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Lorentz Basin - with Nernst and Rontgen on its floor

(unofficial name; IAU crater name: Lorentz, 312 km diam)

Lat: 32.6°N, Long: 95.3°W, Main ring diam: 365 km, Basin depth: 4.45 km, Rükl: (farside)

Lorentz.jpgexternal image normal_Lorentz_Basin_LIDAR_LTVT.JPG
Upper image: LROC . The double ring structure is preserved only on western half of the basin; eastern sector dominated by the presence of Nernst and Röntgen craters, plus Laue on top of S rim.
Lower image: Clementine, Clementine LIDAR Altimeter texture from PDS Map-a-Planet remapped to north-up aerial view by LTVT. The dot is the center position and the white circle the main ring position from Chuck Wood's Impact Basin Database. Grid spacing = 10 degrees.


LPOD Photo Gallery Lunar Orbiter Images

Four Lunar Orbiter IV photographs of the Lorentz-Nernst-Rontgen group, made just after local sunrise:

  • LO-IV-182-med, in which the Lorentz-Nernst-Rontgen group was captured at the upper half of the frame. The largest part of Lorentz is still in darkness. Craters Nernst and Rontgen are easily detectable (note the small central peak on the floor of Rontgen).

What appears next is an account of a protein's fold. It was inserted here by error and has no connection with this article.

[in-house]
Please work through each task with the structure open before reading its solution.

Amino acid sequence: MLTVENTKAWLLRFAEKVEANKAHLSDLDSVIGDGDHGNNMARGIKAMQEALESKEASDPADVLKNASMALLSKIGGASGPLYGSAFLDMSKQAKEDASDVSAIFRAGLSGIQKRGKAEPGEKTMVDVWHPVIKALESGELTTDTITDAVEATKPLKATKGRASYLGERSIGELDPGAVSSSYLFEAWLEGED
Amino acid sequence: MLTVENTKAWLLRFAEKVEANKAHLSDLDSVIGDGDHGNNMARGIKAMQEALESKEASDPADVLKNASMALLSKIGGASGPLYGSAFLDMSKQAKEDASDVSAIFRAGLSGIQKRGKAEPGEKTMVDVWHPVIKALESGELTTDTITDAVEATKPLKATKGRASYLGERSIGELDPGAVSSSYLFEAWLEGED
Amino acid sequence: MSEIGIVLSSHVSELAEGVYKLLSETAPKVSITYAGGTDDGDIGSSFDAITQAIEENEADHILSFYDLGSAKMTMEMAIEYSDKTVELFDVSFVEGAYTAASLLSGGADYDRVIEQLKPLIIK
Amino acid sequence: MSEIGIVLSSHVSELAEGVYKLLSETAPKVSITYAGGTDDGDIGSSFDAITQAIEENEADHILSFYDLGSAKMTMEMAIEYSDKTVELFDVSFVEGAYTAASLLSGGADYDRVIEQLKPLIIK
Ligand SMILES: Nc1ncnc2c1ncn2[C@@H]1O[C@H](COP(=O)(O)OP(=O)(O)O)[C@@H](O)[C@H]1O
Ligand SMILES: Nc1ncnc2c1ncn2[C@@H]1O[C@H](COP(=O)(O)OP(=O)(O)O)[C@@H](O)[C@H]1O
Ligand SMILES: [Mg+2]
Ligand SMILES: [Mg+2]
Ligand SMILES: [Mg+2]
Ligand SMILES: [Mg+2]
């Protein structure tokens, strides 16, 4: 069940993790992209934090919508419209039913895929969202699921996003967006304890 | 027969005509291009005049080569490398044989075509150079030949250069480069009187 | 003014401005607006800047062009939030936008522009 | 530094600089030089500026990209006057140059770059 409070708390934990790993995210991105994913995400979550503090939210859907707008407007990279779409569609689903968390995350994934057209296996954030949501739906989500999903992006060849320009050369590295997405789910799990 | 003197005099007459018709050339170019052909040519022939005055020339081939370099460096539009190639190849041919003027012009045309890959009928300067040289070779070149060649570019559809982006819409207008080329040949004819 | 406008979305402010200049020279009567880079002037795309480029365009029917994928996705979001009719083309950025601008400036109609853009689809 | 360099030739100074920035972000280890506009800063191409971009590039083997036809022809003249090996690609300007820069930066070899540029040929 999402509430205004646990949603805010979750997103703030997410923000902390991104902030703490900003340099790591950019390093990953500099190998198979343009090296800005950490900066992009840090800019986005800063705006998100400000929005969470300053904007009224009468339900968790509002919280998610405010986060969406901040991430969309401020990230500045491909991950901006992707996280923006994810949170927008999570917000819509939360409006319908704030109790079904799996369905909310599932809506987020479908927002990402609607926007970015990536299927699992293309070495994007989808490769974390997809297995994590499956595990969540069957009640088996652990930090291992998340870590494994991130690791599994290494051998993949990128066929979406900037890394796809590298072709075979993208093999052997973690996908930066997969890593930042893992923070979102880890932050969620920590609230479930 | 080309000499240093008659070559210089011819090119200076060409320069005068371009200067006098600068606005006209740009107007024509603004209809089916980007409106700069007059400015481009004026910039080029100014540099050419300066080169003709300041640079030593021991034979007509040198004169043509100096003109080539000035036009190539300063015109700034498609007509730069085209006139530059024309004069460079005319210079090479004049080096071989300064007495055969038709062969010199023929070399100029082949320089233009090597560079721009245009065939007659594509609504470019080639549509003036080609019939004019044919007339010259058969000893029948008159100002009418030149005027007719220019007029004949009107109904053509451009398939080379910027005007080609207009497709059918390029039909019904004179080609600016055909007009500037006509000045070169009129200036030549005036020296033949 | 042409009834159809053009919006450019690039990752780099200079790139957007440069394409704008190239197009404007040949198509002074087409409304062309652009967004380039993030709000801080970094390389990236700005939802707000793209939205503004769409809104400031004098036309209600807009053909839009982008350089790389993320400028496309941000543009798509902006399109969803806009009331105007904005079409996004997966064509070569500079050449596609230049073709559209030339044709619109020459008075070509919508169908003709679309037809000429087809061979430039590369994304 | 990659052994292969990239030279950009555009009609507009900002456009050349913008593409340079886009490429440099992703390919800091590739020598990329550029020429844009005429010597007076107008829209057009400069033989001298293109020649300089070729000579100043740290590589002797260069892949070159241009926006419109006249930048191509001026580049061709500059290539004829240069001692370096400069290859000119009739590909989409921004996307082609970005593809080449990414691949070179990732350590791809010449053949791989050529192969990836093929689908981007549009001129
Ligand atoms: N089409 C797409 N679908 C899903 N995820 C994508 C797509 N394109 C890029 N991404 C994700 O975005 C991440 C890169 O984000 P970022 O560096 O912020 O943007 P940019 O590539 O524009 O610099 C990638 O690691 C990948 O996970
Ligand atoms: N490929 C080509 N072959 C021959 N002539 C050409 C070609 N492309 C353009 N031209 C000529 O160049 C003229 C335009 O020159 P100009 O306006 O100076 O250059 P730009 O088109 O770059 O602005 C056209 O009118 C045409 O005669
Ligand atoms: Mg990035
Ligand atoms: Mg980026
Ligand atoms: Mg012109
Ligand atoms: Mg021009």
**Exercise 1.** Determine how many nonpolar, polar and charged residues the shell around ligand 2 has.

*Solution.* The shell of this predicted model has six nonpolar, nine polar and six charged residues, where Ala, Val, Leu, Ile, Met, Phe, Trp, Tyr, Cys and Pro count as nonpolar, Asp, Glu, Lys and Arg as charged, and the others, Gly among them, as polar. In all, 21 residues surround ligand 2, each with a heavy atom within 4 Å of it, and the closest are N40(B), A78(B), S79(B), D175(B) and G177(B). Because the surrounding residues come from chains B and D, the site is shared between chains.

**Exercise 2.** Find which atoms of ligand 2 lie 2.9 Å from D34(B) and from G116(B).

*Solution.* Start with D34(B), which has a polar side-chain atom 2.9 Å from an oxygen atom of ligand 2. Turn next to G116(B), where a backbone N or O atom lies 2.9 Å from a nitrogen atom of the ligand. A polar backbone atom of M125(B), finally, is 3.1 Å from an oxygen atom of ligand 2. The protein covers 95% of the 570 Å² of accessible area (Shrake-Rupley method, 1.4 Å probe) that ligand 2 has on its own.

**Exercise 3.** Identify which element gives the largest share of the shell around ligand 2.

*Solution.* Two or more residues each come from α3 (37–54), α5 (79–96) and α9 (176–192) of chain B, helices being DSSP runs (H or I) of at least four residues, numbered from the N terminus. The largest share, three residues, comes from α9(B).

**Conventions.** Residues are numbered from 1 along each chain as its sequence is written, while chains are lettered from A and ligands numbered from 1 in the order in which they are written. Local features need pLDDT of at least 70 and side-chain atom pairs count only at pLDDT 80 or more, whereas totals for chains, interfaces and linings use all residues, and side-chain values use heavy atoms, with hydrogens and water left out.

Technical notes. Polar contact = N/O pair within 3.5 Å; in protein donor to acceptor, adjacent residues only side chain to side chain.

• LO-IV-187-med, in which the group was captured very near the frame's upper margin.
  • LO-IV-188-med, in which the group was captured at the upper half of the frame (this is the best frame of the four).
  • LO-IV-190-med, in which the group was captured at the lower-left section of the frame.
  • Research Danny Caes


(LAC zone 36C4) USGS Digital Atlas PDF

Basin Classification

(description of terms and most numeric basin data from Wood, C.A. (2004) Impact Basin Database)
Certainty of Existence
Wilhelms Age Group
Ring Diameters
Mare Thickness
170, 365 km
0.9 km
No; -33 mGal gravity anomaly


Description: Wikipedia


Additional Information


The IAU crater name honors Hendrik Antoon Lorentz (1853-1928), a Dutch physicist and Nobel laureate.
  • The impact basin is named after the crater.

LPOD Articles


Lorentz in the Sourcebook Project (William R. Corliss)

- In Mysterious Universe, a handbook of astronomical anomalies (1979) :
  • Page 660: Motion of the Earth through the Ether (Science, 1925).